IAEA Fusion Energy Conference attracts record participation

11 May 2021

The 28th IAEA Fusion Energy Conference (FEC), which is being held on-line from 10-15 May, has attracted a record 3,400 attendees, including both full participants and observers. The conference organisers include the International Atomic Energy Agency (IAEA), the French Alternative Energies and Atomic Energy Commission (CEA), and the ITER Organisation and the week-long programme takes full advantage of a powerful web platform.

Participants can type questions live during the scientific sessions, and receive answers during the question and answer sessions that follow. A live chat function permits viewers to correspond in real time with authors of e-posters. And recordings of all sessions become accessible on the platform the next day. In addition to the programme of scientific talks, many side events have been organised including:

A 30-minute virtual visit to the ITER worksite, technical tours of operating fusion devices, webinars, a virtual exhibit hall, and daily poster sessions. There are also three IAEA-sponsored events: "Women in Fusion," "Celebrating 60 years of Fusion Energy Conferences," and IAEA Learning Resources in Fusion: Educating the Next Generation of Fusion Experts."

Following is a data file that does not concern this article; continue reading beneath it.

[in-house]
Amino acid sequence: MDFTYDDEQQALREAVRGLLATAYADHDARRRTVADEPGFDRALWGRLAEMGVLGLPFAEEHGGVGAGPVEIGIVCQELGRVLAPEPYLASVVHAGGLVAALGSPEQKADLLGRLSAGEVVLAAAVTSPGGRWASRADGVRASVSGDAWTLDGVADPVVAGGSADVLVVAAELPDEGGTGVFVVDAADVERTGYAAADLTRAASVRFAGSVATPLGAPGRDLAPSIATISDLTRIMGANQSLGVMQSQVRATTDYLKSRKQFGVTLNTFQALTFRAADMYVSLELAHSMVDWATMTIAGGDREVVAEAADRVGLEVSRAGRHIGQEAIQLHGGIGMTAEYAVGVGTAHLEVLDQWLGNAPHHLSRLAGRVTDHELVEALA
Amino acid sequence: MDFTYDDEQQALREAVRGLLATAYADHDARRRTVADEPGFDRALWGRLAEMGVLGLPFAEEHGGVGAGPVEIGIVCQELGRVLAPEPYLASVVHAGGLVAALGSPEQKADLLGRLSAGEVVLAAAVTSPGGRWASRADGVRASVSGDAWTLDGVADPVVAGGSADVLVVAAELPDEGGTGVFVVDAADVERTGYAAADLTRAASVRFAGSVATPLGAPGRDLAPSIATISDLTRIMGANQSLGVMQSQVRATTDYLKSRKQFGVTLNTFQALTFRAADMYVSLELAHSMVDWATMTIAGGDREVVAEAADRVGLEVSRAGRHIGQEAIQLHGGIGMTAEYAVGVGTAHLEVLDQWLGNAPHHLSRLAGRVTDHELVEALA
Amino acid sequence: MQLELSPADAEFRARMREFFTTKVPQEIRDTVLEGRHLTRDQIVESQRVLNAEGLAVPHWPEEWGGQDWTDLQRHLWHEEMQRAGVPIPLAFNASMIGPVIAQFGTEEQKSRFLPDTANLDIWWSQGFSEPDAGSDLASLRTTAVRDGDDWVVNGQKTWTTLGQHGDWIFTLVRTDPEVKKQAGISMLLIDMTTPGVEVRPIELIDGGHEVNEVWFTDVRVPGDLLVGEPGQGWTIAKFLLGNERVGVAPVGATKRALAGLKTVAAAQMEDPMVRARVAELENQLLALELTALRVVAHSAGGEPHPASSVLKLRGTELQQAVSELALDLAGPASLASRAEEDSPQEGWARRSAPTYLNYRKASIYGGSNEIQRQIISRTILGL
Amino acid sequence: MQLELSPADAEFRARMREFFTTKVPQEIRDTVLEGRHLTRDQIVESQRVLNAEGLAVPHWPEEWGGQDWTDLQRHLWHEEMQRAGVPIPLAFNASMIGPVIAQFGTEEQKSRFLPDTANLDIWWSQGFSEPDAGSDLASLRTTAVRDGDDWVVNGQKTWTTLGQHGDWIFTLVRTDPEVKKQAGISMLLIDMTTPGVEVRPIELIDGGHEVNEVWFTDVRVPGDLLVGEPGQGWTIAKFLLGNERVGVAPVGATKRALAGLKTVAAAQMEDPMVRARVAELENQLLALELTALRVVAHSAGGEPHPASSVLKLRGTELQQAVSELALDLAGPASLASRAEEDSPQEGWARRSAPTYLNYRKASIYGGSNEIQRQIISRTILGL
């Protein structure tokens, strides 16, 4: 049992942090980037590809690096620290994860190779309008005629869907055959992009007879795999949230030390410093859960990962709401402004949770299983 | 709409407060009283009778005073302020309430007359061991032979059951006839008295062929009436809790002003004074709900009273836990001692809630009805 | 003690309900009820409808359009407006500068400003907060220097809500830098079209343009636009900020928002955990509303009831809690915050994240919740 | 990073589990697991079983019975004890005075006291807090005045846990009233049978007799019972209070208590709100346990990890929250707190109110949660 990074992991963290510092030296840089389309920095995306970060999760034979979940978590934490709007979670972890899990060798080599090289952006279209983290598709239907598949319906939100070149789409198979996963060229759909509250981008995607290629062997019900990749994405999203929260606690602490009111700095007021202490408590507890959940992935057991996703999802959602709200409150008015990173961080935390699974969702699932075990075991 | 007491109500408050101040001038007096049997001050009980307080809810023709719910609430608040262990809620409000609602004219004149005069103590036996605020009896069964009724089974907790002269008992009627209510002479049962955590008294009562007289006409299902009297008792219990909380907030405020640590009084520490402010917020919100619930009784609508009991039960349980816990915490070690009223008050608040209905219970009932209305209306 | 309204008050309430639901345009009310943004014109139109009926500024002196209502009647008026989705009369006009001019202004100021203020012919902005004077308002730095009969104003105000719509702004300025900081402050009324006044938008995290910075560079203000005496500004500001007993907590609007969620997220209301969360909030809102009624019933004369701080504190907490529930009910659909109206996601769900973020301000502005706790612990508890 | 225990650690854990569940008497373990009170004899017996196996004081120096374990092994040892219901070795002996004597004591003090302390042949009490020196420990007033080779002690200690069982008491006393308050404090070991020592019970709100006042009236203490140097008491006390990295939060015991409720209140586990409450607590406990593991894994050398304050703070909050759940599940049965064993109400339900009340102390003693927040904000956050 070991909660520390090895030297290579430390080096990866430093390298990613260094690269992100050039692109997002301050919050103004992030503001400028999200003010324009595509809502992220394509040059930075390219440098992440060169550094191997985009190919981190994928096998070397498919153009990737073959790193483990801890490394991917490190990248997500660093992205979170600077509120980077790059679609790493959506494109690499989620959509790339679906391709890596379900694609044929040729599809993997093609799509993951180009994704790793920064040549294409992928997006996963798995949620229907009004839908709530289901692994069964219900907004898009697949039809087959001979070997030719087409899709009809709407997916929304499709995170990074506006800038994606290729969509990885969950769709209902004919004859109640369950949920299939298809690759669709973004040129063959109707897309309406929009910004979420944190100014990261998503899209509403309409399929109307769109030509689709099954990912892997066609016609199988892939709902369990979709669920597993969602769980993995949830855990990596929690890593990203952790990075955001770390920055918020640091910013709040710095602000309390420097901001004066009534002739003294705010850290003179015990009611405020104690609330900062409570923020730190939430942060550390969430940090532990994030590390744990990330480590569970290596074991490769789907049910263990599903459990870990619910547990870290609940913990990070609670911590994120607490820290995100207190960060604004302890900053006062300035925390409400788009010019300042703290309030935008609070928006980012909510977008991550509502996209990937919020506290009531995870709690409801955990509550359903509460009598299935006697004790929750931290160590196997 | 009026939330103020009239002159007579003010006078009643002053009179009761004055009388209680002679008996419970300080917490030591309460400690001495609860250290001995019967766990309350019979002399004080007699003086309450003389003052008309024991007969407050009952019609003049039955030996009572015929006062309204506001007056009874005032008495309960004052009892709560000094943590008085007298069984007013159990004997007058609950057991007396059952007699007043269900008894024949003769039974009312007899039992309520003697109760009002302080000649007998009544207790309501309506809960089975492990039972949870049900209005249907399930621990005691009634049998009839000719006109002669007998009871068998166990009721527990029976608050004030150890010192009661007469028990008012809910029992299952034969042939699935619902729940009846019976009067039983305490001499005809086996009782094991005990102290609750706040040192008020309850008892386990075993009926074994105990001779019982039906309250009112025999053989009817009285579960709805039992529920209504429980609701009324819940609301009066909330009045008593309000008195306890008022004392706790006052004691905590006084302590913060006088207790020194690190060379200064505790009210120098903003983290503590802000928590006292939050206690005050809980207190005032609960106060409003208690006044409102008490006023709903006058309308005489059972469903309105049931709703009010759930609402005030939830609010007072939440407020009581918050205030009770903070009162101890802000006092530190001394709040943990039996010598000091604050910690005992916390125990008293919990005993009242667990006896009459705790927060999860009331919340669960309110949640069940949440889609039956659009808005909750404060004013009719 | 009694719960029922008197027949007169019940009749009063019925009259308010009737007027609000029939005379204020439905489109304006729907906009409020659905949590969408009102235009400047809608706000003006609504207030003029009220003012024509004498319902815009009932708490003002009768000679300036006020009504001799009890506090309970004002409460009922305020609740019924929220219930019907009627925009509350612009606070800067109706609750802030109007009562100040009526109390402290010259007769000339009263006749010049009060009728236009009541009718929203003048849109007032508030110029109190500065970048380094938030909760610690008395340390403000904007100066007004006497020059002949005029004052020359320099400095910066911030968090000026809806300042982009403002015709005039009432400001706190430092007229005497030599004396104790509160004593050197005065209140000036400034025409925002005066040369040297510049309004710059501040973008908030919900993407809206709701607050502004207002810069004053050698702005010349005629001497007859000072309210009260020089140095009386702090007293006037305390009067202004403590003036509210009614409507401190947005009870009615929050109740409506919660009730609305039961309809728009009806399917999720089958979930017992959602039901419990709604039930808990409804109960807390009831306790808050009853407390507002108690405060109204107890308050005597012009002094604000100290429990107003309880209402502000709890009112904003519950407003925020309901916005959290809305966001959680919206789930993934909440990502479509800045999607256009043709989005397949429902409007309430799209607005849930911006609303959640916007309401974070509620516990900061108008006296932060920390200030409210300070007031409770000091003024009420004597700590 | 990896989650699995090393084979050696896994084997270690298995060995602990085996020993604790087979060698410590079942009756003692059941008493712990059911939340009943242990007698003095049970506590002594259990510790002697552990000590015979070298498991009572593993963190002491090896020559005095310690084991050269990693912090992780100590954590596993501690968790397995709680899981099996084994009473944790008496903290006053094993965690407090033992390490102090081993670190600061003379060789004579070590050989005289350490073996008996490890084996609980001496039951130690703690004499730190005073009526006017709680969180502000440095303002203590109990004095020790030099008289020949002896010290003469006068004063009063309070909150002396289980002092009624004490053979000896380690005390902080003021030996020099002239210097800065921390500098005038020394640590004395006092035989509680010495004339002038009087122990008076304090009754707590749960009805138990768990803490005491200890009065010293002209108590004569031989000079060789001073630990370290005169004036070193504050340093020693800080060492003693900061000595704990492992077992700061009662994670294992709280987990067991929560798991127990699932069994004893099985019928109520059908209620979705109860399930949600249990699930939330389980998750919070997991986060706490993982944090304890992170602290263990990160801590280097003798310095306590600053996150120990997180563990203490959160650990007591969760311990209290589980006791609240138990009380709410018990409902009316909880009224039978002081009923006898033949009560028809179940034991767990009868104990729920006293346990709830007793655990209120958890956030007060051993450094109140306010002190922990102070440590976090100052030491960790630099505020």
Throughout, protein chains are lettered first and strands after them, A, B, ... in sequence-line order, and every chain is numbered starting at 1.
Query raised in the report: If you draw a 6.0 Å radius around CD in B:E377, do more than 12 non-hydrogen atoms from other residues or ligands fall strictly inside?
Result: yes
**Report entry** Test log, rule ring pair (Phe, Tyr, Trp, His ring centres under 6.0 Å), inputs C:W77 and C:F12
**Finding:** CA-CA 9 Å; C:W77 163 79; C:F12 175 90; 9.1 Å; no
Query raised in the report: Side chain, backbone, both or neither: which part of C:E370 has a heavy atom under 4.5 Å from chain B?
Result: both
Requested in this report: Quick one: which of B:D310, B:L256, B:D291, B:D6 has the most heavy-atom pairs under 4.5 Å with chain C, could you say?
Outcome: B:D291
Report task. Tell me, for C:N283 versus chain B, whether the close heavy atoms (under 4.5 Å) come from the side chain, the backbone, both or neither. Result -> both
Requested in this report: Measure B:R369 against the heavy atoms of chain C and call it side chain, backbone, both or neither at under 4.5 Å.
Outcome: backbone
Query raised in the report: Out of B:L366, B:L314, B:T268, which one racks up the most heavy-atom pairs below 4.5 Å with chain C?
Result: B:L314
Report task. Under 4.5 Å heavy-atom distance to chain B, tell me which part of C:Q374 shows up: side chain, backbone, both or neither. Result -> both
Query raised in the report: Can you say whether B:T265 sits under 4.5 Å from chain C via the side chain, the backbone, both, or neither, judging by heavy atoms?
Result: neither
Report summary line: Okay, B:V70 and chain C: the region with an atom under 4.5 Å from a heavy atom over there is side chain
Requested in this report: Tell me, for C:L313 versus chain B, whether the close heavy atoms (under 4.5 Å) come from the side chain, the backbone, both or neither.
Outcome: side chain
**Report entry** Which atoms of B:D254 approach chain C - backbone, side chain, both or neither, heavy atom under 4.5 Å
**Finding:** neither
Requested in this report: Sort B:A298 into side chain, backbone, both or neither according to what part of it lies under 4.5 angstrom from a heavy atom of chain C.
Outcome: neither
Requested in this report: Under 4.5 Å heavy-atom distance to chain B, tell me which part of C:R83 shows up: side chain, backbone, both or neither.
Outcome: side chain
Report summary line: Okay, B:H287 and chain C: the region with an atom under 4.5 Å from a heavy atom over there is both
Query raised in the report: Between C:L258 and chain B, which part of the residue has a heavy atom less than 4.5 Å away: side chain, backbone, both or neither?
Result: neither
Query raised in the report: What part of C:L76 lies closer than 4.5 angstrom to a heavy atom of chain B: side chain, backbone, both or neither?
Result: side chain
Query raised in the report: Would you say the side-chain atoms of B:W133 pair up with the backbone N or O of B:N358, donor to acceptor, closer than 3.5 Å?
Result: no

In his opening remarks on 10 May, IAEA Director General Rafael Mariano Grossi reminded the audience of 1,000 participants and 2,400 observers that the biennial conference has always been the pre-eminent international gathering of fusion experts. "The first Fusion Energy Conference was held in 1961. Since then, it has helped the field of nuclear fusion, becoming the main platform for discussing key physics and technology issues as well as innovative concepts directly relevant to the use of nuclear fusion as a future energy source," he stressed. "Over the last years, we have seen fusion advancing quicker than ever before, opening new job opportunities and inspiring career horizons."

Alluding to all of the ways the Agency has been involved in fusion, Grossi invited countries sponsoring fusion programmes, the fusion industry and private partners to support and jointly participate in an IAEA coordinated feasibility study. The study will encompass the full scope of fusion pilot plant criteria and produce a set of technology-neutral requirements for the safe, secure and economically sound deployment of future fusion reactors.

Bernard Bigot, ITER Director-General, regretted that plans to host the 2020 conference in Nice, France, were derailed by the global pandemic. "But the pandemic has only delayed us in small ways. It has not stopped us in any way from pursuing our vision for fusion energy — as a future source of clean, safe, and virtually unlimited baseload power generation for all of humankind. In the same way, we can see that FEC 2020 has been delayed, but not prevented."